I recently grabbed some more RAM since my desktop PC had only 3Gb. I'm running the most recent LTS release by Ubuntu, Lucid Lynx 10.04.
I removed a 1 Gig stick and added two 2 Gig sticks I bought from Newegg. My bootup POST showed 6 gigs recognized but when I got back into Ubuntu top and `cat /proc/meminfo` agreed that I had less than 4 gigs.
Of course I immediately figured out that this was because of the 4 gig limitation on addressing memory common to 32bit operating systems. I wasn't up for updating to 64bit Ubuntu over my lunch break so I googled to see if there were any other options and Ubuntu's own documentation pointed me in the direction of Physical Address Extension - a different kernel that would allow addressing more than 4 gigs of memory. There are various limitation so I may yet go x64 but this sounded like something I could still get done on my lunch break. A quick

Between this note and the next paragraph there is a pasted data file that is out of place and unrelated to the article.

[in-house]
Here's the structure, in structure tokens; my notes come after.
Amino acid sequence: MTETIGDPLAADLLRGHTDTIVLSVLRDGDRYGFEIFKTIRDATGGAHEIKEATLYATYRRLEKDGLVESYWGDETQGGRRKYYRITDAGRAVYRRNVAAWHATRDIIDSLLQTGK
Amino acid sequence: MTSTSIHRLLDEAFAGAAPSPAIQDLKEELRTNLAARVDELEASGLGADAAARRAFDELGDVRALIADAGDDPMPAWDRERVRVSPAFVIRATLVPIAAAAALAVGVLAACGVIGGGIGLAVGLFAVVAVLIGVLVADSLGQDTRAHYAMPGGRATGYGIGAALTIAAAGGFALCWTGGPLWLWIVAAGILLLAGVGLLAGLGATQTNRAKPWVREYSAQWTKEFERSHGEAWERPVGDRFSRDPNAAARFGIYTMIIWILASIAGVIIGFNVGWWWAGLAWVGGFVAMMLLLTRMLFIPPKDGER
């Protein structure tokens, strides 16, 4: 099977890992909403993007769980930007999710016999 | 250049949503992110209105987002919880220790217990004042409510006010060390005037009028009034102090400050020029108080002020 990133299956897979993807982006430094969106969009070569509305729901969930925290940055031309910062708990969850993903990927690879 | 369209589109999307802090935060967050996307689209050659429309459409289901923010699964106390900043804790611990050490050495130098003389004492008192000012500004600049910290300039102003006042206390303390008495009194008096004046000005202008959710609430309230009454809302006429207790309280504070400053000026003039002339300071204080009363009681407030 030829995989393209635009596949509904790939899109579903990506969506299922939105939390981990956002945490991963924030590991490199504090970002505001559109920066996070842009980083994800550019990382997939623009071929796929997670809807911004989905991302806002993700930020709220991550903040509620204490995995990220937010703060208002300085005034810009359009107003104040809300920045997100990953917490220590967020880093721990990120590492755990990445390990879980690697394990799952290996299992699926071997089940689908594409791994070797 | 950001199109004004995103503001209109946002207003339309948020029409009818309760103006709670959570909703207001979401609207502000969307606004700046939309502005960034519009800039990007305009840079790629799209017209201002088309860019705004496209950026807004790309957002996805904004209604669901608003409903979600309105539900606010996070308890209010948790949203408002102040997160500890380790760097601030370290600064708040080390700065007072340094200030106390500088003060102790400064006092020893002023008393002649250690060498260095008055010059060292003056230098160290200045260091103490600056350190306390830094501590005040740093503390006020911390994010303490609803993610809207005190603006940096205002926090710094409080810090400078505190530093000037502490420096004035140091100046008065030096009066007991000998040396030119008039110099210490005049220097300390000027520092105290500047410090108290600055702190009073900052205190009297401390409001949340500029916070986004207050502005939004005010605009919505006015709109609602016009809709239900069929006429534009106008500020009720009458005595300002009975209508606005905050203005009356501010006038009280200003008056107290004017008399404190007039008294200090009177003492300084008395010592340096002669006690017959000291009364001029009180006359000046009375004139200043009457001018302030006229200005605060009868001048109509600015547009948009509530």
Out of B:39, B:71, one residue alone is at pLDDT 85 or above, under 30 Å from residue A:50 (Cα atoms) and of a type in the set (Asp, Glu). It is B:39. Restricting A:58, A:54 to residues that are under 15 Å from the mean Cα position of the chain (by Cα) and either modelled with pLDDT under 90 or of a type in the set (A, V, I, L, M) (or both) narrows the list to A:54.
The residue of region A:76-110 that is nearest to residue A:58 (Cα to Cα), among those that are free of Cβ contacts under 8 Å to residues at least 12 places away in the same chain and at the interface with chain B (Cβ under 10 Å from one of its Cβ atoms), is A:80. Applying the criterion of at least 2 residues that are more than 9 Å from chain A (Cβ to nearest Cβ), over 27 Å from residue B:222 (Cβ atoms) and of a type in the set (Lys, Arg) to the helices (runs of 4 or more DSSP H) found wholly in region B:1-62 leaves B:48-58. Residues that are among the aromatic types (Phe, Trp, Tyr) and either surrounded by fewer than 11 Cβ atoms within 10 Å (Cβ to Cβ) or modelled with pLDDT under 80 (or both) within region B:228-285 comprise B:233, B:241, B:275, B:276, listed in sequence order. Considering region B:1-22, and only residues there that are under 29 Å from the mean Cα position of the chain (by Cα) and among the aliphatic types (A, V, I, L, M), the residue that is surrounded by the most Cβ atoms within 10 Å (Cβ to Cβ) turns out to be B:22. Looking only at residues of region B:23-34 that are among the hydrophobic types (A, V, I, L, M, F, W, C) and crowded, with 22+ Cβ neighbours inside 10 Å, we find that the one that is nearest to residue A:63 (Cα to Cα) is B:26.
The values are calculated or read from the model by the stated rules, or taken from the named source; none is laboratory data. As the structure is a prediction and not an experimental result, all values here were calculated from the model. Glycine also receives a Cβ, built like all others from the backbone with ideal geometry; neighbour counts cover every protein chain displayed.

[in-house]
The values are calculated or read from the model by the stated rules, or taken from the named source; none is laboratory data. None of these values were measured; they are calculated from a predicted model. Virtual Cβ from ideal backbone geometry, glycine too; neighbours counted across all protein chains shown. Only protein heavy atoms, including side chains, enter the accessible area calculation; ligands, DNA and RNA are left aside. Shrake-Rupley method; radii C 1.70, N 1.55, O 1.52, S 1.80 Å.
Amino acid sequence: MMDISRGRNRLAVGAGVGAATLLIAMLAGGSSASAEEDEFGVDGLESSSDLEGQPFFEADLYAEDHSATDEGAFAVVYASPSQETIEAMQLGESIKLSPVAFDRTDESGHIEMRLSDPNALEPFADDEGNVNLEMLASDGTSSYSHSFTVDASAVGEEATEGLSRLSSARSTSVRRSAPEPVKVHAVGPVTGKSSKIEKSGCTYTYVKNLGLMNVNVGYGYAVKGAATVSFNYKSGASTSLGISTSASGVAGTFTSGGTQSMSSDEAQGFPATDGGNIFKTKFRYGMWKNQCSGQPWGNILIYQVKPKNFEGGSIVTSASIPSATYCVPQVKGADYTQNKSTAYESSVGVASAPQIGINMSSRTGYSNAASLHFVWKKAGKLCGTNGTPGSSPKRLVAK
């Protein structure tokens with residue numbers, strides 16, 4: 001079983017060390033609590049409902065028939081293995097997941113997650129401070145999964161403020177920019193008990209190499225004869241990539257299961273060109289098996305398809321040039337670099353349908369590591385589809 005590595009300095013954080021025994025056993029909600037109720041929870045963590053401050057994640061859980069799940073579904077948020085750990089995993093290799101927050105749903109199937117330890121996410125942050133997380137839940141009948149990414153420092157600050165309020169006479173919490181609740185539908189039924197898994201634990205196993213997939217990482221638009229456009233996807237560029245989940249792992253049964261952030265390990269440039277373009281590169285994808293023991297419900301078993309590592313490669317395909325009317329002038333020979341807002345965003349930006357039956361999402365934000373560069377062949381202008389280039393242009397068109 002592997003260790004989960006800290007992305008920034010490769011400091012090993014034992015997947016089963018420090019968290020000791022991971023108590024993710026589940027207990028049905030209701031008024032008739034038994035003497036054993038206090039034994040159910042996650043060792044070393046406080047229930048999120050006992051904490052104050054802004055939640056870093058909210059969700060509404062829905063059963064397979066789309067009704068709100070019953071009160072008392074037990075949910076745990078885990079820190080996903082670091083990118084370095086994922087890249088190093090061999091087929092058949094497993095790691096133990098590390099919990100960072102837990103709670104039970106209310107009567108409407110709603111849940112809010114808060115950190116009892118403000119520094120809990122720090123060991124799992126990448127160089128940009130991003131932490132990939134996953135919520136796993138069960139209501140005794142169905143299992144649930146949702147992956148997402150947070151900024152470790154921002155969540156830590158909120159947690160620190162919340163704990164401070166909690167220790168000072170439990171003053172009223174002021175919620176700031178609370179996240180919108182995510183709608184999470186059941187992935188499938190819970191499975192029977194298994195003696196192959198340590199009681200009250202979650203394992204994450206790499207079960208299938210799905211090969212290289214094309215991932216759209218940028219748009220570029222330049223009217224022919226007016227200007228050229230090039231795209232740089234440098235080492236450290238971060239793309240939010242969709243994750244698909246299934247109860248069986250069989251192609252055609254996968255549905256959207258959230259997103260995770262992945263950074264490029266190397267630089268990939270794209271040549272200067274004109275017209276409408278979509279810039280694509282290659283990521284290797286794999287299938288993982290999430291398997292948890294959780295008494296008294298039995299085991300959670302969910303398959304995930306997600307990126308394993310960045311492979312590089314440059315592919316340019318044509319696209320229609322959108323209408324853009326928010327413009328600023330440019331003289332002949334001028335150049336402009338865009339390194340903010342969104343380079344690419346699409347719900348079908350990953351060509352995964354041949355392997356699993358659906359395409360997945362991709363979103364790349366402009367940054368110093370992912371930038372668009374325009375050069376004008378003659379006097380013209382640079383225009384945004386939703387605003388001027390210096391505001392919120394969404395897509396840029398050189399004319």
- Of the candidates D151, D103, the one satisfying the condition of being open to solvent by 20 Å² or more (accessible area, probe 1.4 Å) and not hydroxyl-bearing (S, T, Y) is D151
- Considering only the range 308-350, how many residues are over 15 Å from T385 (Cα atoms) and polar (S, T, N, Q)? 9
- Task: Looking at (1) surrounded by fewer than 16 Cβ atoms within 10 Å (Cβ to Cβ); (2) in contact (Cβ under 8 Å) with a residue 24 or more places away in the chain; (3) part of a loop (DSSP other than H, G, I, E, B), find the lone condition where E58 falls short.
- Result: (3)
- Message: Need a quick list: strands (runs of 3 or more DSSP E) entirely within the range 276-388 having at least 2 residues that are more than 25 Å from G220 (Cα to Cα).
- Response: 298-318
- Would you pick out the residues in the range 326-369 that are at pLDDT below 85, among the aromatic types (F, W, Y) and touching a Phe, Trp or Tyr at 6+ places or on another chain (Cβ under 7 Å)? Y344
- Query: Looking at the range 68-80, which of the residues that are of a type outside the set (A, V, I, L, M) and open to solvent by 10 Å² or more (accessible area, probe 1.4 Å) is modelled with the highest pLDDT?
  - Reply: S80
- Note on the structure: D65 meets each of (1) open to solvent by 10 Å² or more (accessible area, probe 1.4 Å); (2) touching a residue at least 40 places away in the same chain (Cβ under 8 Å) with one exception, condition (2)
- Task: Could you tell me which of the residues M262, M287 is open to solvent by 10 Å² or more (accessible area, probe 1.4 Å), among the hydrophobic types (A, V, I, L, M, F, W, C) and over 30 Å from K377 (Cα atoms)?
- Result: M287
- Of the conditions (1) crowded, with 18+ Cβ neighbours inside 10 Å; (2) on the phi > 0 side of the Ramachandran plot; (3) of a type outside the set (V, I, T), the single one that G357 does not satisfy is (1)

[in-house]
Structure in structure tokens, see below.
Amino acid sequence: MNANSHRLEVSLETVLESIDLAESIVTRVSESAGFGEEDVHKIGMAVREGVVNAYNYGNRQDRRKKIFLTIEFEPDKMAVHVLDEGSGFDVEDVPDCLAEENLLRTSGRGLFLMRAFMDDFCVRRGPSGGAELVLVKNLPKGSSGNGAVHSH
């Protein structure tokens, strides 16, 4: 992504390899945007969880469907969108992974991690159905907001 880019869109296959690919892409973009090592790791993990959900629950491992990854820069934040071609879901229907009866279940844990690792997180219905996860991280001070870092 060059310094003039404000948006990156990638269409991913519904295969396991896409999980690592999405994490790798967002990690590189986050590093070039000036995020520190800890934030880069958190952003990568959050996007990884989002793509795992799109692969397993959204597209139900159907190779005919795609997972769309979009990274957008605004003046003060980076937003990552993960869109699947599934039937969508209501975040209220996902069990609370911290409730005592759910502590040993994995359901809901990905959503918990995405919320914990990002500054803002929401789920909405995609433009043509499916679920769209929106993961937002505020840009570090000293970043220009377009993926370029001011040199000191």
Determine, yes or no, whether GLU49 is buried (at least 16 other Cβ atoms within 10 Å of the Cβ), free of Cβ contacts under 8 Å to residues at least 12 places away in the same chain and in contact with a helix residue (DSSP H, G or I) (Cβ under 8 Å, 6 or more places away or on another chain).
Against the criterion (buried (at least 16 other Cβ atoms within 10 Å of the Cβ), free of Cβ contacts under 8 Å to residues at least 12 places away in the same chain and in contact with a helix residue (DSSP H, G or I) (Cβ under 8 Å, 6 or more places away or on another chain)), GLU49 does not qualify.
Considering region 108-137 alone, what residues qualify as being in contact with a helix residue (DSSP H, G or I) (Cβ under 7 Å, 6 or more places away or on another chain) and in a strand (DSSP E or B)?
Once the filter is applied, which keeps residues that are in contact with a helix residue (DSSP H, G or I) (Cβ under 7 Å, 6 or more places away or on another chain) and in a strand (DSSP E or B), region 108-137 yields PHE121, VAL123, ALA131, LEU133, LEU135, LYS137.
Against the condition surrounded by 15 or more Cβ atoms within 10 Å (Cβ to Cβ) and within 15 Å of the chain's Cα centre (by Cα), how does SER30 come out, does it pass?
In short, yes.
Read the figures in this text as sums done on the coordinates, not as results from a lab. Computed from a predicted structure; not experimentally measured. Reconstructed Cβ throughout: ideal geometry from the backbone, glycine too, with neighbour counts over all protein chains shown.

sudo apt-get install linux-generic-pae
and a reboot and I had a new kernel that recognized all 6 gigs of my RAM. Of course... now my Nvidia drivers didn't work. I didn't discover till later that there's an easier way to solve this (see this thread) but what I ended up doing was manually downloading the drivers from Nvidia and recompiling them (see this post for instructions on compiling the Nvidia drivers). For future reference it apparently works to remove the linux-headers-generic package and install linux-headers-generic-pae, than use System -> Administration -> Hardware drivers to reinstall the Nvidia packages. Either way - it is possible to end up with more than 4 Gigs of RAM on a working 32bit Ubuntublog comments powered by Disqus